The activation, expression and regulation of numerous genes is crucial in apoptosis (21). Of these genes, the Bcl-2 family genes serve key functions in the regulation of apoptosis. Bcl-2 family proteins are divided into two groups: Anti-apoptotic and pro-apoptotic. Anti-apoptotic members include Bcl-2, Bcl-W and Bcl-2 family apoptosis regulator; pro-apoptotic members include Bax, Bak, Bcl-extra small, Bcl-2 associated agonist of cell death, harakiri, and Bcl-2 homology region 3 interacting domain death agonist (22). Apoptosis occurs when the activities of anti-apoptotic proteins are lower than those of pro-apoptotic proteins (23). The western blotting results of the present study demonstrated that 5F increased the expression of Bax and decreased the expression of Bcl-2 in breast cancer cells. Furthermore, increasing the concentration of 5F increased the expression of caspase-3. A previous study reported that 5F was involved in the regulation of apoptosis and of the cell cycle by affecting the expression of extracellular regulated kinase 1/2, c-jun N-terminal kinase, and p38 (24). Therefore, the present study speculated that 5F arrests the cell cycle and promotes apoptosis by downregulating Bcl-2 and Bcl-extra large, upregulates Bax and Bak and inhibits the expression of proliferation-associated proteins (10). The results of the present study suggested that 5F induced the apoptosis of breast cancer cells by affecting the balance of activity of apoptosis-promoting and -inhibiting proteins of the Bcl-2 family.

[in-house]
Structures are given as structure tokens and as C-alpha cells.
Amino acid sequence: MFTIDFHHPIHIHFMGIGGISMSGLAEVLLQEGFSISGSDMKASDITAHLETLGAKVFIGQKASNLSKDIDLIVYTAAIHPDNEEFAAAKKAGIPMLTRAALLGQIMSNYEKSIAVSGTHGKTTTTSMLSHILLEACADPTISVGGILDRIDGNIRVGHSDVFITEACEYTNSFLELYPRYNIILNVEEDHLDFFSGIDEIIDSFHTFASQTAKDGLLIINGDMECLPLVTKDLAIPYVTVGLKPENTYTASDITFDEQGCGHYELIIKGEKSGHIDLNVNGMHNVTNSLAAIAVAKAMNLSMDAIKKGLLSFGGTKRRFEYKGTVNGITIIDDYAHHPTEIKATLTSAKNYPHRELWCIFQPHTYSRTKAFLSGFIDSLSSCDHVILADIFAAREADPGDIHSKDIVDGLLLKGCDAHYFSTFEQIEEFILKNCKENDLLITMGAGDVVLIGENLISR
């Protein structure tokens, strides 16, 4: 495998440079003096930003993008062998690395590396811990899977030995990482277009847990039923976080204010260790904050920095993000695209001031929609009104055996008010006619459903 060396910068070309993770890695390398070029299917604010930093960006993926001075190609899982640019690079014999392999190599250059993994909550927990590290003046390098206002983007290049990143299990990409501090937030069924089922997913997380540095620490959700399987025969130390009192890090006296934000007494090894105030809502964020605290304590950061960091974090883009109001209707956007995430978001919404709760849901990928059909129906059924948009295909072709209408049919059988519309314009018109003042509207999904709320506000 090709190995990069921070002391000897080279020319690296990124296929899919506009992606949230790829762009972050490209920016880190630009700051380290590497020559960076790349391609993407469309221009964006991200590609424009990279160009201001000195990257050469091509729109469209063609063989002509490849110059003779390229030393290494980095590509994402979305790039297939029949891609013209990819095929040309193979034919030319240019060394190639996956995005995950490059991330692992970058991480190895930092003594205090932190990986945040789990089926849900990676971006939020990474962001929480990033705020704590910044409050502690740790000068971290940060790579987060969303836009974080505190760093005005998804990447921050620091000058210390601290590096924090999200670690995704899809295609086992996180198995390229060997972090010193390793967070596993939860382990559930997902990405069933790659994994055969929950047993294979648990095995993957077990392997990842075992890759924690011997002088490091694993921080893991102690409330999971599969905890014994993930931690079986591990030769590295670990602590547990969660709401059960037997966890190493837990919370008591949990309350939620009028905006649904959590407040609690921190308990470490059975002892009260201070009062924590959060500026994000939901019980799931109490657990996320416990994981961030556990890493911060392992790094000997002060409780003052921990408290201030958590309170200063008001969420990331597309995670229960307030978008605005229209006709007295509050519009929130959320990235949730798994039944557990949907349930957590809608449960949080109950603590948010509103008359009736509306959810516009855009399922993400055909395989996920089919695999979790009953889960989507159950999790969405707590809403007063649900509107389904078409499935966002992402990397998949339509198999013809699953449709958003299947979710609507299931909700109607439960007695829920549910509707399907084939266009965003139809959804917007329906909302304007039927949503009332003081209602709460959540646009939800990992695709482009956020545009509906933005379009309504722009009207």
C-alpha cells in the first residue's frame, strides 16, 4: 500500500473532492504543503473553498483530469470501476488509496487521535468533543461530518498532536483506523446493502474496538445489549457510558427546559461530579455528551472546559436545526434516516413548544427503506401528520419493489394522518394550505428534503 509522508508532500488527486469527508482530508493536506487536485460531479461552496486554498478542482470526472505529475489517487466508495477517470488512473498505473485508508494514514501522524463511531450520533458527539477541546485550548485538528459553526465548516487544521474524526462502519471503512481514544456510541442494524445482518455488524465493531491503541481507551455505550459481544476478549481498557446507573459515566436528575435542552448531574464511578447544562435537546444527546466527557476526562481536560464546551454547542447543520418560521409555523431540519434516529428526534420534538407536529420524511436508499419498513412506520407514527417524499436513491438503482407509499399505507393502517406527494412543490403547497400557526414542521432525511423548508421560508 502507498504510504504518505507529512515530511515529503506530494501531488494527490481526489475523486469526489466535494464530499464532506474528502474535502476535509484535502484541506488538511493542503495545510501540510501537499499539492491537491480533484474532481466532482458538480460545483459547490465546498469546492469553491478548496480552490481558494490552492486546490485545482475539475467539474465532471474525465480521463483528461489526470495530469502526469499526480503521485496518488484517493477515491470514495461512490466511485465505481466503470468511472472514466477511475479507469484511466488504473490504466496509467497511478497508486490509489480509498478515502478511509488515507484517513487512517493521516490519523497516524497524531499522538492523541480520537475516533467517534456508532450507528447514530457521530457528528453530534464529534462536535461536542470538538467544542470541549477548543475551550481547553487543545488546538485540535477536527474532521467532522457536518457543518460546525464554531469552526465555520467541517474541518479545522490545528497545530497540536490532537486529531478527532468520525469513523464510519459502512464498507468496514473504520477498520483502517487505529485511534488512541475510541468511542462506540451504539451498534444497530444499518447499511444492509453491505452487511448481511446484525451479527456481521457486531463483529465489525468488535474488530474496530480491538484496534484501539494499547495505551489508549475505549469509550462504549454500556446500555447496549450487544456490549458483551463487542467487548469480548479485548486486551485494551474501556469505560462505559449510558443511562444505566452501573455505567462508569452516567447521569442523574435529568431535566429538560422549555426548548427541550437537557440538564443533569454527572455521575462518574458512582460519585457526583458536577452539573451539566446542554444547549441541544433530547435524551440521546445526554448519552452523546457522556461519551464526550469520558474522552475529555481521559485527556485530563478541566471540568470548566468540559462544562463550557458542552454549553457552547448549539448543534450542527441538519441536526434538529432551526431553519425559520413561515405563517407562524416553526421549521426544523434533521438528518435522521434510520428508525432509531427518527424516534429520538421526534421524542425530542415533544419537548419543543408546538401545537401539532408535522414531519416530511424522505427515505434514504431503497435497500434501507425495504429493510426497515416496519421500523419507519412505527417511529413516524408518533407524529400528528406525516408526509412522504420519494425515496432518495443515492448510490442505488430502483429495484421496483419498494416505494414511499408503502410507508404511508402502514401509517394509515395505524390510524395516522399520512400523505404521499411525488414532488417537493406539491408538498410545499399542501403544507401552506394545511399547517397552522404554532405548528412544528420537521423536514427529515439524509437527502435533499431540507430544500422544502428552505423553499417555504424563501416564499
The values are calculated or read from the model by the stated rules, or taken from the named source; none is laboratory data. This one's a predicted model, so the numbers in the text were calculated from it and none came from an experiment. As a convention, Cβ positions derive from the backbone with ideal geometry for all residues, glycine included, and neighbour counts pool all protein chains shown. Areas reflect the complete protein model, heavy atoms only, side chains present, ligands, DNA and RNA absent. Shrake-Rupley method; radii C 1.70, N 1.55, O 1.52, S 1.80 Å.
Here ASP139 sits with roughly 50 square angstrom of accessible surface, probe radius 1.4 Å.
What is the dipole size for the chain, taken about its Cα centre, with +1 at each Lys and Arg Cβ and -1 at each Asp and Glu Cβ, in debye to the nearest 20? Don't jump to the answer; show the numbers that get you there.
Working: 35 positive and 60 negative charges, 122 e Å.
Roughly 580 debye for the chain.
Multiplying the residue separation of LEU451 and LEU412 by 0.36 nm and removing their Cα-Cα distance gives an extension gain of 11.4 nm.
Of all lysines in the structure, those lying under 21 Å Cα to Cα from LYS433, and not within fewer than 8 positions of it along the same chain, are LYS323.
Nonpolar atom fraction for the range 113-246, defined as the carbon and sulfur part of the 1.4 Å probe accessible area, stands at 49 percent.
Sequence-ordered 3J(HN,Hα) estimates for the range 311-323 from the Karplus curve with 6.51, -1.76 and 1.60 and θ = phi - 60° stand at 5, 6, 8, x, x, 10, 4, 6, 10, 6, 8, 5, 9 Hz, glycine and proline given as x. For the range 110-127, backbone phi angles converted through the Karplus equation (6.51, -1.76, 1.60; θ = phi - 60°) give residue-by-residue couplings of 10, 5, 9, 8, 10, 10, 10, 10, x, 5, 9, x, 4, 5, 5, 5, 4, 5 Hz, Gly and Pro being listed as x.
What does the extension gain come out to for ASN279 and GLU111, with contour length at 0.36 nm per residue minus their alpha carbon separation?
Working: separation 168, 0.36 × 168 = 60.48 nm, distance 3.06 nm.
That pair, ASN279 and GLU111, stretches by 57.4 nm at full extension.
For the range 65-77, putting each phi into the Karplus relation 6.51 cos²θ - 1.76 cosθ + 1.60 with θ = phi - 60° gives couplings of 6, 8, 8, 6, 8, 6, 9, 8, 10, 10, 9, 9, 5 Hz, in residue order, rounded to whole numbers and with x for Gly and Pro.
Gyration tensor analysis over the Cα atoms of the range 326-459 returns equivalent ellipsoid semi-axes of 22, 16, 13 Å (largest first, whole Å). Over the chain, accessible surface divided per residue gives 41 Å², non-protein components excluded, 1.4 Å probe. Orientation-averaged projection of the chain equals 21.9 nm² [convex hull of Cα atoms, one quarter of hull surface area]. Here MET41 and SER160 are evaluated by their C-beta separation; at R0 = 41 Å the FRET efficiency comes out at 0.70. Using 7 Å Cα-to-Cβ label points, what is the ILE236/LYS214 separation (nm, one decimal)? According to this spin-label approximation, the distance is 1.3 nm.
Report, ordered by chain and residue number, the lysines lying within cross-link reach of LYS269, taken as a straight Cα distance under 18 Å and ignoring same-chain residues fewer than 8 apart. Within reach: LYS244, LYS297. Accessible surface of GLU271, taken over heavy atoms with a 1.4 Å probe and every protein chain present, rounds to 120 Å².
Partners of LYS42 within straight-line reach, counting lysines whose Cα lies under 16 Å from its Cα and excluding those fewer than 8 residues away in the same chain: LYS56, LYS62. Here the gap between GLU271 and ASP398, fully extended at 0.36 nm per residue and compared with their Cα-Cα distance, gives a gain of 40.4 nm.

To conclude, 5F inhibited the proliferation of breast cancer cells in a time- and concentration-dependent manner. Furthermore, 5F induced the apoptosis of breast cancer cells.

Acknowledgements

The present study was supported by the Guangdong Medical Scientific Research Fund (grant no. A2016004) and the Medical Scientific Research Foundation of Guangdong Province [grant no. (2016) 568].

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December 2017
Volume 14 Issue 6

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APA
Wu, J., Meng, L., Long, M., Ruan, Y., Li, X., Huang, Y., & Qiu, W. (2017). Inhibition of breast cancer cell growth by the Pteris semipinnata extract ent‑11α‑hydroxy‑15‑oxo‑kaur‑16‑en‑19‑oic‑acid. Oncology Letters, 14, 6809-6814. https://doi.org/10.3892/ol.2017.7113
MLA
Wu, J., Meng, L., Long, M., Ruan, Y., Li, X., Huang, Y., Qiu, W."Inhibition of breast cancer cell growth by the Pteris semipinnata extract ent‑11α‑hydroxy‑15‑oxo‑kaur‑16‑en‑19‑oic‑acid". Oncology Letters 14.6 (2017): 6809-6814.
Chicago
Wu, J., Meng, L., Long, M., Ruan, Y., Li, X., Huang, Y., Qiu, W."Inhibition of breast cancer cell growth by the Pteris semipinnata extract ent‑11α‑hydroxy‑15‑oxo‑kaur‑16‑en‑19‑oic‑acid". Oncology Letters 14, no. 6 (2017): 6809-6814. https://doi.org/10.3892/ol.2017.7113